Connective Tissue Disorders (Marfan Syndrome and Ehlers Danlos Syndrome)

Marfan syndrome is a systemic connective tissue disease characterized by the variable association of cardiovascular, musculoskeletal, ocular, and pulmonary symptoms. The estimated prevalence is 1/5,000, with no difference between the sexes. Symptoms can occur at all ages and vary considerably among affected people, even within the same family. Cardiovascular involvement is characterized by: 1) progressive dilation of the aorta, associated with an increased risk of aortic dissection. Aortic dilatation can result in insufficiency of the aortic valve; 2) mitral valve insufficiency, which can be complicated by arrhythmias, endocarditis or heart failure. The involvement of the skeleton is often the first sign of the disease and includes excessive length of the extremities, being overweight, arachnodactyly, hypermobility of the joints, scoliosis, and deformity of the chest or maxillary region. The ocular signs include detachment of the retina and dislocation of the lens. Eye complications can result in blindness. Skin signs (stretch marks) may be present, and the risk of respiratory complications is increased. In most cases, Marfan syndrome is caused by mutations in the FBN1 gene (15q21) which encodes fibrillin-1, an essential connective tissue protein. Some borderline clinical forms are due to mutations in the TGFBR2 gene, located on chromosome 3, which codes for a TGF-beta receptor. Transmission is autosomal dominant: it is sufficient to have a single copy of the gene mutated to manifest the condition. A pharmacological treatment has recently been proposed (with ACE inhibitors) which seems to give excellent results also in terms of prevention of complications.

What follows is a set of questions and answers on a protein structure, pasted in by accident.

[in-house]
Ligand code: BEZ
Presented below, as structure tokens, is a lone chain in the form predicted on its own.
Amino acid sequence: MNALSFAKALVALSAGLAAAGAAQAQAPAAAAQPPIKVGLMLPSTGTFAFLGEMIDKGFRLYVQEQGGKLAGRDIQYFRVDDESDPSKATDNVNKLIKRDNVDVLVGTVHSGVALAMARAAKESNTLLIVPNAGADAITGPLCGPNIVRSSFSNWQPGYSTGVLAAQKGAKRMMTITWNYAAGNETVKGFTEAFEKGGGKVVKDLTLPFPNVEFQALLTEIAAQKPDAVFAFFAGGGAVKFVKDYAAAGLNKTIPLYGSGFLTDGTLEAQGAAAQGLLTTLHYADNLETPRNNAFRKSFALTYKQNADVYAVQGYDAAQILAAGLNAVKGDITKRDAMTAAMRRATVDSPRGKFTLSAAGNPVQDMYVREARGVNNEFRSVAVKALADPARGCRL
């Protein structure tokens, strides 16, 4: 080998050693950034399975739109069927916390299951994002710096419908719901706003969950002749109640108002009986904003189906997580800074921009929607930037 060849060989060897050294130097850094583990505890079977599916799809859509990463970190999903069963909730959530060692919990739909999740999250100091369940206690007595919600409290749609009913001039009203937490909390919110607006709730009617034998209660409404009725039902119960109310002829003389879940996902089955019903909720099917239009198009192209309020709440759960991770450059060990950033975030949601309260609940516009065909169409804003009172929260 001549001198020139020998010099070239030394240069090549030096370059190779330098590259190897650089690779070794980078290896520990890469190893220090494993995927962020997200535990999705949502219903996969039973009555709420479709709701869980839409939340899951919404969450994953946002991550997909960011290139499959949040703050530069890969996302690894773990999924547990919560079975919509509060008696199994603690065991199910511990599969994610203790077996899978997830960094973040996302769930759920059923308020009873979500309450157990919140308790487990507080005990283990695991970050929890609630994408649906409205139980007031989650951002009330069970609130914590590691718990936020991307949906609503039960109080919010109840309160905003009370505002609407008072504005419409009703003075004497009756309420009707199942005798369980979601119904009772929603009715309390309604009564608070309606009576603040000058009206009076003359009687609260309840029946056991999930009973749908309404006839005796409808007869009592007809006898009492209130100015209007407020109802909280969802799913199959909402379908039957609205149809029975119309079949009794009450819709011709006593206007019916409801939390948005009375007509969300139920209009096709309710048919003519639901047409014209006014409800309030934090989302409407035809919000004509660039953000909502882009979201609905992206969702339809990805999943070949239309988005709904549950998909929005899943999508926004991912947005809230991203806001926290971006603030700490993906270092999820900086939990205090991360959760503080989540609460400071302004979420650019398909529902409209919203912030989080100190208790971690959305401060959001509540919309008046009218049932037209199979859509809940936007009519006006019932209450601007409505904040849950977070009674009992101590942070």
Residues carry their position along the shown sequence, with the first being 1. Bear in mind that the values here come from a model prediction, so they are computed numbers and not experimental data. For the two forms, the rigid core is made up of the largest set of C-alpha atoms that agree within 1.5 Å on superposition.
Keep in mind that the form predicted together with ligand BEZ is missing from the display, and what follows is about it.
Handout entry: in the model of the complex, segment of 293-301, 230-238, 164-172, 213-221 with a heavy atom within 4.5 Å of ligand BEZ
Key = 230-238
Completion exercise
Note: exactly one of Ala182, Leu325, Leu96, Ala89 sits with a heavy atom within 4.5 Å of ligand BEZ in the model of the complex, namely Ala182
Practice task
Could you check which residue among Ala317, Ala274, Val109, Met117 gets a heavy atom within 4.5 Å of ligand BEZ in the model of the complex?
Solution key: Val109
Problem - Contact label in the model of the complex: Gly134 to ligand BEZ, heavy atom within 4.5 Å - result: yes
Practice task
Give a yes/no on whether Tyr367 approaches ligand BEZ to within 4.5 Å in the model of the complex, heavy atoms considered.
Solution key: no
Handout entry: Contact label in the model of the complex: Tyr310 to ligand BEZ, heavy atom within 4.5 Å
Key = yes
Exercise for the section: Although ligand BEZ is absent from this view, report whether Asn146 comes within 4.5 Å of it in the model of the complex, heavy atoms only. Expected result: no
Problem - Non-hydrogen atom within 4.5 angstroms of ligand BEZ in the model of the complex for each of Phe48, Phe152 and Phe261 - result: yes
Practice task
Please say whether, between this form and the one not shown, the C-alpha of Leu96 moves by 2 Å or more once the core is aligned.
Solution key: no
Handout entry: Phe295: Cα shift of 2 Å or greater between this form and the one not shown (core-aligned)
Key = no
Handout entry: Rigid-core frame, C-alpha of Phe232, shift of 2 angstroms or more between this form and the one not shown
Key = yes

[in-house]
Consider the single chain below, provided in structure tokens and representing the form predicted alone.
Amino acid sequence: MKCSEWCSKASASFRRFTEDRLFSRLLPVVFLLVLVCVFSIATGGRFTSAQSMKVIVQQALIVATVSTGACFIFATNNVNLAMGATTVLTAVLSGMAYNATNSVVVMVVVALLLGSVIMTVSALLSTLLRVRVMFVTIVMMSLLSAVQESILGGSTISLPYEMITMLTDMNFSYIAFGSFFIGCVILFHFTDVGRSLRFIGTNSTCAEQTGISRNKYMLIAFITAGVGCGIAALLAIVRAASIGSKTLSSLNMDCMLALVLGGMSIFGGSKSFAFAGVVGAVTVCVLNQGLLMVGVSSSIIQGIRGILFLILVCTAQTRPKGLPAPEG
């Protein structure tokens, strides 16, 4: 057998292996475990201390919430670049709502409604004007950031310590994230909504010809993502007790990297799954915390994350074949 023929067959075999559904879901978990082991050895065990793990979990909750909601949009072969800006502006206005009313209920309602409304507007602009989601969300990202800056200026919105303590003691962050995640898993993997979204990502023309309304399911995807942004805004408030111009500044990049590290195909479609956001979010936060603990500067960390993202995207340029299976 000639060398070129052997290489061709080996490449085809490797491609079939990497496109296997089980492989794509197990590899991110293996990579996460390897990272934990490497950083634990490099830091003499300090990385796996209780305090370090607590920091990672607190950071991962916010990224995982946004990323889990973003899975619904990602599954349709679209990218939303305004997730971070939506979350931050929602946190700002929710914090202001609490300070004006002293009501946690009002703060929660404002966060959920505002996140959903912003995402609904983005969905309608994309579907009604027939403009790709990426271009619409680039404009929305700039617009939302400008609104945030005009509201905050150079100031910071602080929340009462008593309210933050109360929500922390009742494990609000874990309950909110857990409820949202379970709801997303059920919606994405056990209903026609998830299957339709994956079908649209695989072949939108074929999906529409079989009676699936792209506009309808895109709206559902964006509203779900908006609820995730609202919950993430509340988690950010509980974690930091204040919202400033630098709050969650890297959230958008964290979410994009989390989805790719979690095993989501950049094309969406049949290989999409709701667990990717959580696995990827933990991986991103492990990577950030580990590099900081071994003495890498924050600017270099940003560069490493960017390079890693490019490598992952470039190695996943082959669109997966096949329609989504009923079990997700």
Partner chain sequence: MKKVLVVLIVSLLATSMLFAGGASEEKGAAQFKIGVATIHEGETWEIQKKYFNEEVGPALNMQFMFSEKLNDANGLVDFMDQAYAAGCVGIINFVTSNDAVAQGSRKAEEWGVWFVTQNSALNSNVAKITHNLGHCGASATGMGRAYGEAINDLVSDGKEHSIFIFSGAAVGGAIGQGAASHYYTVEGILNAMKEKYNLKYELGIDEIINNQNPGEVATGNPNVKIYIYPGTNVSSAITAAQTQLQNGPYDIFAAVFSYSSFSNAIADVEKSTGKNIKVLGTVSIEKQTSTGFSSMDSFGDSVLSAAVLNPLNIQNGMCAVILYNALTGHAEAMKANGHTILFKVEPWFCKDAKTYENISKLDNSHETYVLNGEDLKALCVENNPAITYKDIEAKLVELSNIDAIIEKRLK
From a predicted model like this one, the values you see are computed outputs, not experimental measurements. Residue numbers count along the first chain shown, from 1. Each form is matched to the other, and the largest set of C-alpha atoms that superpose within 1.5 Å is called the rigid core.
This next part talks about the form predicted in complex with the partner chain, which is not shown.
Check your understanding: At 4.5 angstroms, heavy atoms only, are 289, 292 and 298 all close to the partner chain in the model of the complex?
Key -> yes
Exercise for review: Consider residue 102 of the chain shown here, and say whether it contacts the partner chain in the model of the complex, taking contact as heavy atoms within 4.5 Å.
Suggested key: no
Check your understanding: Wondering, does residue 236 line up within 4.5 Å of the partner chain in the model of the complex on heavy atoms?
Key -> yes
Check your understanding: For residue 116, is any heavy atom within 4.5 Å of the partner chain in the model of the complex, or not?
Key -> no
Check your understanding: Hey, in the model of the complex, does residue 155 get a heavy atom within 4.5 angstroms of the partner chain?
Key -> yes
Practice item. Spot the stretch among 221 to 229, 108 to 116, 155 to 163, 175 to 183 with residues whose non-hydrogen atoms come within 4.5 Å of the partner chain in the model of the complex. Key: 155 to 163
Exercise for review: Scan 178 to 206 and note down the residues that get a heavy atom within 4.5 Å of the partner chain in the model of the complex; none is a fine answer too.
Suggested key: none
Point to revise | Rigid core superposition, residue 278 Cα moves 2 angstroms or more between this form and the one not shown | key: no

Ehlers-Danlos syndrome (EDS) includes a heterogeneous group of hereditary connective tissue diseases, characterized by joint hyperclass, hyperelastic skin and tissue fragility. The classic type (which includes EDS types 1 and 2) is characterized by the following major diagnostic criteria: hyperextensibility of the skin, atrophic skin scars due to tissue fragility and joint hyper-class. Other minor symptoms are joint subluxations, muscle hypotonia and the presence of family history of the disease. The prevalence of the classic type is estimated at 1:30,000. In most cases, the transmission is autosomal dominant: it is sufficient to have a single copy of the gene mutated to manifest the condition.

“We treat cardiac arrhythmias from genetic studies
to transcatheter ablation“